U.S. House rebukes Obama on immigration

December 05, 2014 07:33 am | Updated November 17, 2021 12:15 am IST - WASHINGTON

Texas Attorney General Greg Abbott speaks at a news conference in Austin, December 3, 2014.  Texas is leading a 17-state coalition that sued the Obama administration on Wednesday over its executive order to ease the threat of deportation for some 4.7 million undocumented immigrants, Abbott said.   REUTERS/Jon Herskovitz   (UNITED STATES - Tags: SOCIETY IMMIGRATION POLITICS)

Texas Attorney General Greg Abbott speaks at a news conference in Austin, December 3, 2014. Texas is leading a 17-state coalition that sued the Obama administration on Wednesday over its executive order to ease the threat of deportation for some 4.7 million undocumented immigrants, Abbott said. REUTERS/Jon Herskovitz (UNITED STATES - Tags: SOCIETY IMMIGRATION POLITICS)

Emboldened Republicans issued a stern but symbolic rebuke to President Barack Obama over immigration on Thursday, passing a bill in the House of Representatives declaring his executive actions to curb deportations “null and void and without legal effect”.

Even as emotions ran high in debate on the bill, many involved acknowledged it was mostly a sideshow as Republicans struggled to find some way to undo what Mr. Obama has done not just register their disapproval. Party leaders acknowledged their options were limited given Mr. Obama’s veto power, and no clear solution beckoned, even as Republicans prepare to take full control of Congress in January after sweeping last month’s congressional elections.

Outraged Democrats, immigrant advocates and the White House said Republicans were voting to tear families apart and eject parents. Mr. Obama’s executive actions last month will extend deportation relief and work permits to some 4 million immigrants here illegally, mostly those who have been in the country more than five years and have children who are U.S. citizens or legal permanent residents. He also reordered law enforcement priorities and expanded an existing deportation deferral program for immigrants brought illegally as kids.

“Rather than deport students and separate families and make it harder for law enforcement to do its job, I just want the Congress to work with us to pass a commonsense law to fix that broken immigration system,” Mr. Obama said ahead of the vote.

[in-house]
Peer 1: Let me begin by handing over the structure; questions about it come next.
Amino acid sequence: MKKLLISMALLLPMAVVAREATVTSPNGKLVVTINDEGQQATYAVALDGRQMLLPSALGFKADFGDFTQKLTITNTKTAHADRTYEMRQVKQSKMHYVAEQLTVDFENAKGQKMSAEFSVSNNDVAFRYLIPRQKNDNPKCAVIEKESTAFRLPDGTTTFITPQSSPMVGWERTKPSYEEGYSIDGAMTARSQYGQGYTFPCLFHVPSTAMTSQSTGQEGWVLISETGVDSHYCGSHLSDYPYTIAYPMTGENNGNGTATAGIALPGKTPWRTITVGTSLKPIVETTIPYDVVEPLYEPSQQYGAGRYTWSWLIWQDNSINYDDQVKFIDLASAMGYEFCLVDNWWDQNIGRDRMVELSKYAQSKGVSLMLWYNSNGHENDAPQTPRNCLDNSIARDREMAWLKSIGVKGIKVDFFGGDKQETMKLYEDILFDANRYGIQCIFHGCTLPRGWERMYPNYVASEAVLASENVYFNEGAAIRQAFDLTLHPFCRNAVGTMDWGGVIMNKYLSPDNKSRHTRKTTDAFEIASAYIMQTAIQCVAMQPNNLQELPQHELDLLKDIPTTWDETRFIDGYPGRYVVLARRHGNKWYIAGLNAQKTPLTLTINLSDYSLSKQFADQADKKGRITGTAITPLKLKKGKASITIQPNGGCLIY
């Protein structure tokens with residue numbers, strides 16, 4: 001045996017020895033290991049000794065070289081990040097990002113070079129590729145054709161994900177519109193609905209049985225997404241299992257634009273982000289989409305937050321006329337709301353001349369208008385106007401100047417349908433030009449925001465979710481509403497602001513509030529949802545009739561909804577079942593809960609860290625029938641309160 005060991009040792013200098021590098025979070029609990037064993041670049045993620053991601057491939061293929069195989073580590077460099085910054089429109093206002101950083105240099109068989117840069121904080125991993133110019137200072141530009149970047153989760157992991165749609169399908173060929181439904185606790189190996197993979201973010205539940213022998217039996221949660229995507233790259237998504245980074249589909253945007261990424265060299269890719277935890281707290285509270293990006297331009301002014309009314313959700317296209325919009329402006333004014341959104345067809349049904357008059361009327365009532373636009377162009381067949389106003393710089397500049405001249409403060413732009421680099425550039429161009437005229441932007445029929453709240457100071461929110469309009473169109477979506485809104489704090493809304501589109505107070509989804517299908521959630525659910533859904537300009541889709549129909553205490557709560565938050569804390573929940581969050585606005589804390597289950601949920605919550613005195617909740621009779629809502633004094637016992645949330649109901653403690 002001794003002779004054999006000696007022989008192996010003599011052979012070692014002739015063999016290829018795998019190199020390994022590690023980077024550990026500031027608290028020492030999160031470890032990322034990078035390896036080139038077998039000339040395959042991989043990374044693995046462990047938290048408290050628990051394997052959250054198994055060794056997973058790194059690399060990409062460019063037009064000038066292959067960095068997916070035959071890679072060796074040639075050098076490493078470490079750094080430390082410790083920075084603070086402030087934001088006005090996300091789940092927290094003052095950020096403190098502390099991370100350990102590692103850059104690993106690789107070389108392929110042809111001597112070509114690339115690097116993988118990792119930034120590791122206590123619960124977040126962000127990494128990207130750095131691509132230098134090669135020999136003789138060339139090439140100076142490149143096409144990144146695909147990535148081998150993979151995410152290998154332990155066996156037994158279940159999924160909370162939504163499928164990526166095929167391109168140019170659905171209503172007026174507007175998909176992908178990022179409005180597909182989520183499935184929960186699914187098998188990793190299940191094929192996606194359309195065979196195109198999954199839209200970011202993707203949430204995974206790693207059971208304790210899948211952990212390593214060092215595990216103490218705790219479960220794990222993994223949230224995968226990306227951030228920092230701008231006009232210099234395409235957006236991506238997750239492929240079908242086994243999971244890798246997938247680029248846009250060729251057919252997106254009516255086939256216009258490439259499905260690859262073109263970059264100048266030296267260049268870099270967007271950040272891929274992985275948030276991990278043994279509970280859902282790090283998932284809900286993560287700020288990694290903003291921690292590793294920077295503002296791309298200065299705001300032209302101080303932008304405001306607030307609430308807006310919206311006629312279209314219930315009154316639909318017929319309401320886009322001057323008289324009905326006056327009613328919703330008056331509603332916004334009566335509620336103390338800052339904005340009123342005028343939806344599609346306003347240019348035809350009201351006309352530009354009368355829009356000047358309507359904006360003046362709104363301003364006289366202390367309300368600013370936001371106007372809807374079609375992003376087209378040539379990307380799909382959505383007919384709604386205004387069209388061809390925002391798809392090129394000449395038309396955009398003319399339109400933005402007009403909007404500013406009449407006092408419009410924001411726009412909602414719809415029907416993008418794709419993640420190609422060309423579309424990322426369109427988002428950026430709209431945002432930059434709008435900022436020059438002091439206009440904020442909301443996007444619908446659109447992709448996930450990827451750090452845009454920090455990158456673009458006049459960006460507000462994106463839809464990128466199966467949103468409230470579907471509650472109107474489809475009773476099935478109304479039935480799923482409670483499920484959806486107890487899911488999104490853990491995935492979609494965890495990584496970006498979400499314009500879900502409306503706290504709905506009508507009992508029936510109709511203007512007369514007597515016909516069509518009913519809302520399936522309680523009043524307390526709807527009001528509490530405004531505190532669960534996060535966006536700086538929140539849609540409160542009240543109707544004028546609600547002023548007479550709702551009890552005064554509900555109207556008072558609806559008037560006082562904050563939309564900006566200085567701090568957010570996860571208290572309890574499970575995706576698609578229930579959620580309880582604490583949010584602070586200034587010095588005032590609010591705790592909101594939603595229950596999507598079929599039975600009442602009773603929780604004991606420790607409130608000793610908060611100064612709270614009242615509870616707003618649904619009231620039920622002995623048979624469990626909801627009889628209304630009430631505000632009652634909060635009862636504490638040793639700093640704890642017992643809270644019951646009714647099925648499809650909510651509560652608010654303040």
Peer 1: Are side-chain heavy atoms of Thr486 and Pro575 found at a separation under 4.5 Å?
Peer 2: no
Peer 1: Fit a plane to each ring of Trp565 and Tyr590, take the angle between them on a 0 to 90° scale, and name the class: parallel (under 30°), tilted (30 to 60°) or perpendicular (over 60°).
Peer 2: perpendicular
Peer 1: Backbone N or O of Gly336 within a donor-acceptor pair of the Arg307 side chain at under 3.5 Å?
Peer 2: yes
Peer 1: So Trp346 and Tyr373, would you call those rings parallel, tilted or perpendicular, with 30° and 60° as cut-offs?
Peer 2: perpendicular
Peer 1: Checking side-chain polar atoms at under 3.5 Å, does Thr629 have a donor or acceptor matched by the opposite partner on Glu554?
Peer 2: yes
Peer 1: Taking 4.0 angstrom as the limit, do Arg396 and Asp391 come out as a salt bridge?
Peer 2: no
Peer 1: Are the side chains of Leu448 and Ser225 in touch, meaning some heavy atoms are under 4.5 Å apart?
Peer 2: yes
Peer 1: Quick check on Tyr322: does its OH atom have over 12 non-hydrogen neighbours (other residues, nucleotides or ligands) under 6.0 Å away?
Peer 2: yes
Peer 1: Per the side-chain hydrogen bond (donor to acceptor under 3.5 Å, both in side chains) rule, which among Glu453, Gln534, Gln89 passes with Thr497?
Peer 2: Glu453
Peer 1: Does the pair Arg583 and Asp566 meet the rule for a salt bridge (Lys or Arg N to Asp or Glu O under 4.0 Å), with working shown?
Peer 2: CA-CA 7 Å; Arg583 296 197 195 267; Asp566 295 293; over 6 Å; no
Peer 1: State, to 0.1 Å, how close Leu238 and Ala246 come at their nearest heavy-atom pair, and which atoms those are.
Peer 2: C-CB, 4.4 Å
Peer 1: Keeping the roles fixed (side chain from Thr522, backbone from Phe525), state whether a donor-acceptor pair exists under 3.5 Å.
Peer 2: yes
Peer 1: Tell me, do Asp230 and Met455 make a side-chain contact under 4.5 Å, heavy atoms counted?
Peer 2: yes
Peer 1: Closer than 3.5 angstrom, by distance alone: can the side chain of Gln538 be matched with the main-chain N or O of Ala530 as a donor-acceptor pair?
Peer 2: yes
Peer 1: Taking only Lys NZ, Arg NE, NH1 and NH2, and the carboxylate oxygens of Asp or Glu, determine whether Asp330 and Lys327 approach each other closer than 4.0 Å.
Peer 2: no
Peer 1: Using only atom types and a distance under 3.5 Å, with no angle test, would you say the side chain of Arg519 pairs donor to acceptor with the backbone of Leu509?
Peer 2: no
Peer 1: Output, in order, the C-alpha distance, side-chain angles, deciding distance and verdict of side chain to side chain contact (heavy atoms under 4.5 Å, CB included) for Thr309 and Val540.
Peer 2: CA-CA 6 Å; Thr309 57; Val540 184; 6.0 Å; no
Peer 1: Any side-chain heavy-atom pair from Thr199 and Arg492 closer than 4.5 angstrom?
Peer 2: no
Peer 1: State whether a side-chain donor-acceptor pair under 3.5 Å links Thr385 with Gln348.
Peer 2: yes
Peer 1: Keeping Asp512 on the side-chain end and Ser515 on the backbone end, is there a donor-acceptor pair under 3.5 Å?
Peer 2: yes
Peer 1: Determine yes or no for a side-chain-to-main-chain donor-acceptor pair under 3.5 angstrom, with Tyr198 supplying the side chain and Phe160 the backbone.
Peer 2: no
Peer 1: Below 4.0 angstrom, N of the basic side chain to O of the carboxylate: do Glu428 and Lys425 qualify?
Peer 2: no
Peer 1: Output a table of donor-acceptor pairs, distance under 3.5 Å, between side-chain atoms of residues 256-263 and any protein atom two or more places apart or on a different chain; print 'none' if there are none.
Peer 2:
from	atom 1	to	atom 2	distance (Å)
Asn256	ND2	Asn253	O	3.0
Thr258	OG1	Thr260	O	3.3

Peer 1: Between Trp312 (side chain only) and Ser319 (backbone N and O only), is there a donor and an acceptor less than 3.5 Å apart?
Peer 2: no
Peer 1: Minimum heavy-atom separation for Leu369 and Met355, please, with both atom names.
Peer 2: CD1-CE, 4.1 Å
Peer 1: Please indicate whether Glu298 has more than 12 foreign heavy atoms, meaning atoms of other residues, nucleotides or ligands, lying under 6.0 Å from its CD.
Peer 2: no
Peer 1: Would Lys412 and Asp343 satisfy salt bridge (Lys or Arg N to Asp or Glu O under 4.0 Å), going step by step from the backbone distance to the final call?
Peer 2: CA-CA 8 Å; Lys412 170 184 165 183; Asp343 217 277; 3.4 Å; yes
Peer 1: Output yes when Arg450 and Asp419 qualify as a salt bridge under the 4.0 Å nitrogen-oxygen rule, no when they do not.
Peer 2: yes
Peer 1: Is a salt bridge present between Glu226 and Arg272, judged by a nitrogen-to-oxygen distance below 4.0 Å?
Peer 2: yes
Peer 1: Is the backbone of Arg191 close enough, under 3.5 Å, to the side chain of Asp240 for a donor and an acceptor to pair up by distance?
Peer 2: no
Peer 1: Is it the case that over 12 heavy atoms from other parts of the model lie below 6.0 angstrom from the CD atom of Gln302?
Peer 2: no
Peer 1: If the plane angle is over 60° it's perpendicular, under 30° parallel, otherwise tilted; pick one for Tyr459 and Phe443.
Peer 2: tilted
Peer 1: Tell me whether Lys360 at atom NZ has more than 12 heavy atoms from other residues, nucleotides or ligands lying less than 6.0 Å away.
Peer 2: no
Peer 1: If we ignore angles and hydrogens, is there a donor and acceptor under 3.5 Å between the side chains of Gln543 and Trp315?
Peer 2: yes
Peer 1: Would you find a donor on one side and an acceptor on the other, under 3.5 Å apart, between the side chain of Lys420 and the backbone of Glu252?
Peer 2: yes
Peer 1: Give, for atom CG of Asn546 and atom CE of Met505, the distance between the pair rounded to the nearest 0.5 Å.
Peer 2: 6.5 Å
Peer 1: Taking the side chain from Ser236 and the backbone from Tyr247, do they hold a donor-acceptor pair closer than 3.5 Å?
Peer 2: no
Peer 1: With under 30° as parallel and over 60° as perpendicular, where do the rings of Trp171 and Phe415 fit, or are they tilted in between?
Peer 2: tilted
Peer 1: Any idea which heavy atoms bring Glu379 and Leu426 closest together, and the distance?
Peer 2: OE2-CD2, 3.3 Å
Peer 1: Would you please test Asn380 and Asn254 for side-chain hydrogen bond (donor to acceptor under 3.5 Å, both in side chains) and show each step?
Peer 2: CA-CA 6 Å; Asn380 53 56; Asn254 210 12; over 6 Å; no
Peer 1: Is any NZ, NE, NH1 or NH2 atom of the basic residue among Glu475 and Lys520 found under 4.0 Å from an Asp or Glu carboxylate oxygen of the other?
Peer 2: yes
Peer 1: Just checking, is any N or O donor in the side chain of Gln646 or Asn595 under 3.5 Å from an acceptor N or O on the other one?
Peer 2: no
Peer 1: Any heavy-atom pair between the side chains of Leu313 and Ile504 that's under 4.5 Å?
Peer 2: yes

Even the bill’s supporters acknowledged that the bill, which says Mr. Obama was acting “without any constitutional or statutory basis”, was mostly meant to send a message. It was part of a two-part strategy by House Republican leadership to appease conservative immigration hardliners without risking a government shutdown. After gaining control of the Senate and adding to their majority in the House, Republicans pledged they would prove to Americans that they were ready to govern, not just obstruct the President.

Yet a bigger battle might lie ahead as conservatives push to use must-pass spending legislation to block Mr. Obama.

Republicans hoped that after approving the bill, the party would move on next week to vote on legislation to keep most of the government running for a year, with a shorter timeframe for the Homeland Security Department, which oversees immigration. The idea is to revisit Homeland Security early next year when Republicans will control both houses at the Capitol and have more leverage. The current government-funding measure expires Dec. 11 so a new one must pass by then.

But that approach doesn’t go far enough for some immigration hardliners, goaded on by outside conservative groups that donate massive amounts of money to candidates and tea party-aligned senators including Ted Cruz of Texas. They say the only real way to stop Mr. Obama is to include language in the upcoming spending bill to block any money for his actions on immigration.

Republican leaders fear such spending-bill language could court an Obama veto and even a government shutdown. That’s something they’re determined to avoid, a year after taking a political hit for provoking a 16-day partial shutdown in an unsuccessful attempt to overturn Mr. Obama’s health care law.

Democratic lawmakers rallied behind the President Thursday, and immigrant advocates warned Republicans would be alienating Latinos heading into 2016 presidential elections in which the rapidly growing Hispanic vote is expected to be significant.

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